diary at Telent Netowrks

Do not meddle in the affairs of Wizards#

Sat, 07 Aug 2010 17:50:20 +0000

From github

A less resource-heavy way to do realistic regression tests (and eventually load tests) than controlling an actual web browser a la watir.

  • Interact with your web site using Firefox.
  • Capture the requests sent with Tamper Data, and export as XML
  • Replay them from the command line
    • with realistic timing
    • with SSL support
    • with a 'rewrite' step that lets you programmatically change the request data before sending it (e.g. to switch hostnames from production to test, or vice versa)
    • using the single-threaded low-overhead goodness of EventMachine

For an event this autumn that I'm probably not allowed to tell you about, $WORK needs a web site that deals with 50x as many transactions as the current box. Current plan is to move it into the cloud and add memcached for everything that might conceivably benefit, but step one in performance tuning is, of course, to get a baseline.

And it's an excuse to learn EventMachine

RESTless spirits#

Mon, 23 Aug 2010 21:04:19 +0000

From stackoverflow.com

I have read up many articles on Rest, and coded up several rails apps that makes use of Restful resources. However, I never really felt like I fully understood what it is, and what is the difference between Restful and not-restful. I also have a hard time explaining to people why/when they should use it.

If there is someone who have found a very clear explanation for REST and circumstances on when/why/where to use it, (and when not to) it would benefit the world if you could put it up, thanks! =)

Content-Type: text/x-flamebait

I've been asking the same question lately, and my supposition is that half the problem with explaining why full-on REST is a good thing when defining an interface for machine-consumed data is that much of the time it isn't. OK, you'd need a really good reason to ignore the commonsense bits (URLs define resources, HTTP verbs define actions, etc etc) - I'm in no way suggesting we go back to the abomination that was SOAP. But doing HATEOAS in a way that is both Fielding-approved (no non-standard media types) and machine-friendly seems to offer diminishing returns: it's all very well using a standard media type to describe the valid transitions (if such a media type exists) but where the application is at all complicated your consumer's agent still needs to know which are the right transitions to make to achieve the desired goal (a ticket purchase, or whatever), and it can't do that unless your consumer (a human) tells it. And if he's required to build into his program the out-of-band knowledge that the path with linkrels createorder => addline => addpaymentinfo => confirm is the correct one, and reset_order is not the right path, then I don't see that it's so much more grievous a sin to make him teach his XML parser what to do with application/x.vnd.yourname.order.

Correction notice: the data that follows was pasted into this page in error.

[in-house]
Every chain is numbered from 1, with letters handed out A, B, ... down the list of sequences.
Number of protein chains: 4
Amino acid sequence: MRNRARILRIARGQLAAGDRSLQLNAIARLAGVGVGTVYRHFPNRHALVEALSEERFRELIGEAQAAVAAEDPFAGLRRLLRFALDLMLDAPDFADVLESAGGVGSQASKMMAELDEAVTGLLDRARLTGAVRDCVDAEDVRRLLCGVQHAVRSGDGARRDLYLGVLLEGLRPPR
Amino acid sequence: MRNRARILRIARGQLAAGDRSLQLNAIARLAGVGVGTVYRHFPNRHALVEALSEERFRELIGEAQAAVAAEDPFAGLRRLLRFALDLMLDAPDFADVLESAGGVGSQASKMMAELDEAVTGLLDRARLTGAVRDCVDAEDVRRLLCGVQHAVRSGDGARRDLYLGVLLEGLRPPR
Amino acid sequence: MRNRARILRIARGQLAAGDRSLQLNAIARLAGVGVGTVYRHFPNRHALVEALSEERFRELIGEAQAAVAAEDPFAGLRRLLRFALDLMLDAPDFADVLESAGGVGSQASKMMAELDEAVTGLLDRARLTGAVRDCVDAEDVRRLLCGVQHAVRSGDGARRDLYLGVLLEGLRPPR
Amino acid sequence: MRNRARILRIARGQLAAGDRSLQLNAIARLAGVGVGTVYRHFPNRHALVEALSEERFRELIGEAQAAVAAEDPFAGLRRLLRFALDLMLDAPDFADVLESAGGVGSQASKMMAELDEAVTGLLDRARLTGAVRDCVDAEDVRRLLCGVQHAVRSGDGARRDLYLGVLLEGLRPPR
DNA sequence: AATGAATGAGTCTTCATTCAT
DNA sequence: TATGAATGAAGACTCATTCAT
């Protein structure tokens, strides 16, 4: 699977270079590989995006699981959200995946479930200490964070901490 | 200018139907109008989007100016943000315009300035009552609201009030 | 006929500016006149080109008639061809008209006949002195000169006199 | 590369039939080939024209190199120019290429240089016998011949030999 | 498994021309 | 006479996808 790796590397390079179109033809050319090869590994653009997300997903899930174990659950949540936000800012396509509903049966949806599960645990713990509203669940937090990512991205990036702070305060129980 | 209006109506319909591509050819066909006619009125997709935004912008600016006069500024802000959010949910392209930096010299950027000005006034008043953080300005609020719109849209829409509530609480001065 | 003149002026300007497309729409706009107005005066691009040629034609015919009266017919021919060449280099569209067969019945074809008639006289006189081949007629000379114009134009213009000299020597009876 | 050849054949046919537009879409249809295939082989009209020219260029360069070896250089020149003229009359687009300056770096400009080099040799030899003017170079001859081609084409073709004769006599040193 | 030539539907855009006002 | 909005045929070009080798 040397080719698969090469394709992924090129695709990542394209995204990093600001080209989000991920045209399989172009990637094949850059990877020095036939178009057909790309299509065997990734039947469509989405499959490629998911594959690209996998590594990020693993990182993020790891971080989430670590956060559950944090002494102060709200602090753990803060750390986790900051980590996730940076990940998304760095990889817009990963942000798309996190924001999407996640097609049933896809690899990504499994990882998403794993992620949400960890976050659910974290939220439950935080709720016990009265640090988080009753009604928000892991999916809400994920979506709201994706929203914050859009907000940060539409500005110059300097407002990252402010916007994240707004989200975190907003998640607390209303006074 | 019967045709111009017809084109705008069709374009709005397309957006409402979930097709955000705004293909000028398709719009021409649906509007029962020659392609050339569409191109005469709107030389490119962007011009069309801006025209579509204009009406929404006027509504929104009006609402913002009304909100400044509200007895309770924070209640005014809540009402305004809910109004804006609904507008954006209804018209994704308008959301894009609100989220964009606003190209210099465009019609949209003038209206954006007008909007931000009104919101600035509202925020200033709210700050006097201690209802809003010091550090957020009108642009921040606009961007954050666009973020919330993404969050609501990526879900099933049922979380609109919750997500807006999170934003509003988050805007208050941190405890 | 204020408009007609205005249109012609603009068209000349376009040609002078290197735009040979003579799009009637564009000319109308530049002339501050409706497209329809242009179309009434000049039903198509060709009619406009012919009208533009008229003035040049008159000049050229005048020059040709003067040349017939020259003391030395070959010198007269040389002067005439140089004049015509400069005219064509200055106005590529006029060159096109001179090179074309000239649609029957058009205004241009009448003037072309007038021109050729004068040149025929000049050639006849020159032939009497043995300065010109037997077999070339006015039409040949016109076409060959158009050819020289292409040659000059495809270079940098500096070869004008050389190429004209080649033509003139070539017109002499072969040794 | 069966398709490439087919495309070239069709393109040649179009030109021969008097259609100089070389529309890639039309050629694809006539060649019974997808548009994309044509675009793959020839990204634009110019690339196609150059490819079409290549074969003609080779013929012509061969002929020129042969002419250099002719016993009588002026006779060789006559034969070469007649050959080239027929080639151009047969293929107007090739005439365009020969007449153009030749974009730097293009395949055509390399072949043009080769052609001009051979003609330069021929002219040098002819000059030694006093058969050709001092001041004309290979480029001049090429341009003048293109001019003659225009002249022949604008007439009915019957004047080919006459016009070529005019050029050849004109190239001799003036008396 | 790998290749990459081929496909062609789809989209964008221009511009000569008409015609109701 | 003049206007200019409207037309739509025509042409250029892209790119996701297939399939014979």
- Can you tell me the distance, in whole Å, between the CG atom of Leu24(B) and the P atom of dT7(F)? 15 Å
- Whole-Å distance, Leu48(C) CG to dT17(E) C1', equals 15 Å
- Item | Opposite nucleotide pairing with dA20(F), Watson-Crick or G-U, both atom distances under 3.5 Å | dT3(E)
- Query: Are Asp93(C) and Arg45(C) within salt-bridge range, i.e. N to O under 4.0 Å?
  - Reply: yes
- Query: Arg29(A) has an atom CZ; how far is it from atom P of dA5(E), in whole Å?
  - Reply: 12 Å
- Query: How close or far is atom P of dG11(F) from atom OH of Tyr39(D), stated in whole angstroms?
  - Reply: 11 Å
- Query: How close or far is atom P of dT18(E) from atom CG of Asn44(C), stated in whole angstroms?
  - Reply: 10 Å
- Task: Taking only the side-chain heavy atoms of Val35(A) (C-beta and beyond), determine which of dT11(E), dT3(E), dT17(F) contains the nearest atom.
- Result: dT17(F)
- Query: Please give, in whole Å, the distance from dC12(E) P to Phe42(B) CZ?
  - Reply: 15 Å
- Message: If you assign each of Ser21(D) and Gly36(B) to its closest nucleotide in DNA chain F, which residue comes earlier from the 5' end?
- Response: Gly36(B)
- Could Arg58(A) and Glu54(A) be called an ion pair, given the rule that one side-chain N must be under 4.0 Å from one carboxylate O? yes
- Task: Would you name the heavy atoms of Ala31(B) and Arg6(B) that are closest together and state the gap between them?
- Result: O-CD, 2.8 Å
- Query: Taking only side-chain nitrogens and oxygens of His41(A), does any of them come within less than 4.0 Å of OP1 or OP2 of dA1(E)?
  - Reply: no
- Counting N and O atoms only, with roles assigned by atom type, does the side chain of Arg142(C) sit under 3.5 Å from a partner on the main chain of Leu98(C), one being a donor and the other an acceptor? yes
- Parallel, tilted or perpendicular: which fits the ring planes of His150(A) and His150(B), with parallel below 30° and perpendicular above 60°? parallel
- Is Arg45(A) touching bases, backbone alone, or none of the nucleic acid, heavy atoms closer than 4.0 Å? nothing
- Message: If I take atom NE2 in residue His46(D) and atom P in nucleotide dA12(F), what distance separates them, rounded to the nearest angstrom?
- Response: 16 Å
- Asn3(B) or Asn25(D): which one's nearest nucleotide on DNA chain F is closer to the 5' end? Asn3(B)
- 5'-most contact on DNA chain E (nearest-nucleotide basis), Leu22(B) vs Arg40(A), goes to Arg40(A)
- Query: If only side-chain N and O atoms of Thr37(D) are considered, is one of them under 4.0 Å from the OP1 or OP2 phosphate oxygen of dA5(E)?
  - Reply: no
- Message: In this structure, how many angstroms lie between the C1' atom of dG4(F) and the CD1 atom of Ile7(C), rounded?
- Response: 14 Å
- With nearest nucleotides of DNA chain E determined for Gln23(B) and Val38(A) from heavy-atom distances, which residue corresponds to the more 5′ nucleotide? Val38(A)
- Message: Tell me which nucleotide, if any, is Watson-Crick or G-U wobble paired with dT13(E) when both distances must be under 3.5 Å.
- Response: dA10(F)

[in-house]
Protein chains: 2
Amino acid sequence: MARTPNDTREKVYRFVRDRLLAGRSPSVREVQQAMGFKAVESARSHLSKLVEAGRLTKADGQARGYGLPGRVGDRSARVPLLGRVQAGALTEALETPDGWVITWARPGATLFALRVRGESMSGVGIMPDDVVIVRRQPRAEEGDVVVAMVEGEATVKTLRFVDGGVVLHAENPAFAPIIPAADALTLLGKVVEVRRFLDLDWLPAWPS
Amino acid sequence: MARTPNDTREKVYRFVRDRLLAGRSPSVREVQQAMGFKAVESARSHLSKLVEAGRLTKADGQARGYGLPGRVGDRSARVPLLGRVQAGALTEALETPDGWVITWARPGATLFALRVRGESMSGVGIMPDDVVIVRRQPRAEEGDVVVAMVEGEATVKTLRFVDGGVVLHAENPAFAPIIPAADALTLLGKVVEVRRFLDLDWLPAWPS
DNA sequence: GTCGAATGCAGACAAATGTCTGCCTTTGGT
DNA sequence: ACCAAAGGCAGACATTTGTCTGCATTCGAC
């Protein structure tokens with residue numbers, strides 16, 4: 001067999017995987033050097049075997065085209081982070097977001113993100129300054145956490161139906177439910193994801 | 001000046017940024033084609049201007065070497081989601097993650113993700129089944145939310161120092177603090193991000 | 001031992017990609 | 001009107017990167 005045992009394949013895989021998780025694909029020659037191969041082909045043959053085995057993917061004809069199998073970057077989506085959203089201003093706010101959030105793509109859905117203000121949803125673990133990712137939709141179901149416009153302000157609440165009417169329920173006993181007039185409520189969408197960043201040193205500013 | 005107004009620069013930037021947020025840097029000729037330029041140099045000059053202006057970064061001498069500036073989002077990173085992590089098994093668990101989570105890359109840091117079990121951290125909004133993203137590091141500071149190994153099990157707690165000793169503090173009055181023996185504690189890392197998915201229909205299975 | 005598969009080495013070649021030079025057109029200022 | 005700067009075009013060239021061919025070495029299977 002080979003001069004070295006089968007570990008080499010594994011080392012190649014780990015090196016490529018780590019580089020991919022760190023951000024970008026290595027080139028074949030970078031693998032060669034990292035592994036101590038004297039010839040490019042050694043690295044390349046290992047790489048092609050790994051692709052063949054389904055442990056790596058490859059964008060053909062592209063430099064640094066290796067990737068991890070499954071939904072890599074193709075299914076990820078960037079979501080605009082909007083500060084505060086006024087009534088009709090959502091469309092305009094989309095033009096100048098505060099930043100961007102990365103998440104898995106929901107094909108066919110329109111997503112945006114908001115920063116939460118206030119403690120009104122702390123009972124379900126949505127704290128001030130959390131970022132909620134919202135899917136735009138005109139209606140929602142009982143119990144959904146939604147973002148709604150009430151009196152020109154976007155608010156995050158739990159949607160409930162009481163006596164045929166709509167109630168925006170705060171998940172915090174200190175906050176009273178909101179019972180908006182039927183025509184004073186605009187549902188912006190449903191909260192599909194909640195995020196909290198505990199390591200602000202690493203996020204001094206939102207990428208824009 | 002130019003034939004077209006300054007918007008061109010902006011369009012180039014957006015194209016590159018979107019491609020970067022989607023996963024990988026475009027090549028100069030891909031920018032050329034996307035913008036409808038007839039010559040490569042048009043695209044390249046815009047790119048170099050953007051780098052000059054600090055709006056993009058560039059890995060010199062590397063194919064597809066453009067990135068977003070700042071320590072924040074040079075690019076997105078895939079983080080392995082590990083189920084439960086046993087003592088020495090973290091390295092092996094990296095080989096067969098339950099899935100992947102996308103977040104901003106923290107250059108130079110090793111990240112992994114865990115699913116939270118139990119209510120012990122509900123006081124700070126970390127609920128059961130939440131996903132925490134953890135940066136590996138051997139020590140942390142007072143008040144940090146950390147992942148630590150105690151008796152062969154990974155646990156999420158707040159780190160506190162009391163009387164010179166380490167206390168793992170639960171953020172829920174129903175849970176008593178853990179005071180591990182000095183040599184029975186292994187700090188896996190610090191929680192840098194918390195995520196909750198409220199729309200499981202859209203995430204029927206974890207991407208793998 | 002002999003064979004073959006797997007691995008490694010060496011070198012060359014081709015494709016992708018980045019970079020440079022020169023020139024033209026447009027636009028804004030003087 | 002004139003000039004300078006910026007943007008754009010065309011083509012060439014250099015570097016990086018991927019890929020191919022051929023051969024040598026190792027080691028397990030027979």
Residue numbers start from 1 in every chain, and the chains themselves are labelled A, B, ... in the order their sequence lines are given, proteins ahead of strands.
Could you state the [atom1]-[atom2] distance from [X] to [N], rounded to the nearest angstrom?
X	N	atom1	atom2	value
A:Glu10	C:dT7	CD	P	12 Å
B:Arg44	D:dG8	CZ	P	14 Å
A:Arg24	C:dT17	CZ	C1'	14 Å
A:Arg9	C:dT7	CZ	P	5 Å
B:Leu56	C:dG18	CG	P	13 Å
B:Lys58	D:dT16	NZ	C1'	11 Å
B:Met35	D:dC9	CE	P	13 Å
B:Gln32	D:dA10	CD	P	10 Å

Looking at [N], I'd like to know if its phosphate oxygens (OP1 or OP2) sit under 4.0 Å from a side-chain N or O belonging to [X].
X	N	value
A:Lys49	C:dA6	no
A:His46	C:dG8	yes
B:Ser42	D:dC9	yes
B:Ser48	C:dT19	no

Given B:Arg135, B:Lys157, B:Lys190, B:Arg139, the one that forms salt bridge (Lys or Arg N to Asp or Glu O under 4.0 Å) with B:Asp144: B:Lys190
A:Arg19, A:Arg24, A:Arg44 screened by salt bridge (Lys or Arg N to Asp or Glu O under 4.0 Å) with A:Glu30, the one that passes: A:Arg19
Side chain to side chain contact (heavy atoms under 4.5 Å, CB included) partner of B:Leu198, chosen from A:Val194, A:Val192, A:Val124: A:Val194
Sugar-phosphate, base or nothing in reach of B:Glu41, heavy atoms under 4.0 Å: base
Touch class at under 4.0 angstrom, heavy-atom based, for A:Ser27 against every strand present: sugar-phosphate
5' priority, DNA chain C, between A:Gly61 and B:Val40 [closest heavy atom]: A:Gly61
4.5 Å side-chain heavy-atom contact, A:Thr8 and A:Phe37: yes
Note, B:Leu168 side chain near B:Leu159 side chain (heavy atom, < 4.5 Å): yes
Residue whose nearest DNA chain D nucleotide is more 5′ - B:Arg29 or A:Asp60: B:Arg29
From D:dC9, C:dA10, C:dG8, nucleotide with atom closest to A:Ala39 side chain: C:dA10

I mean, obviously yes it's less work all round if there's a suitable standard format with libraries and whatnot that can be reused, but in the (probably more common) case that there isn't, your options according to Fielding-REST are (a) create a standard, or (b) to augment the client by downloading code to it. If you're merely looking to get the job done and not to change the world, option (c) "just make something up" probably looks quite tempting and I for one wouldn't blame you for taking it.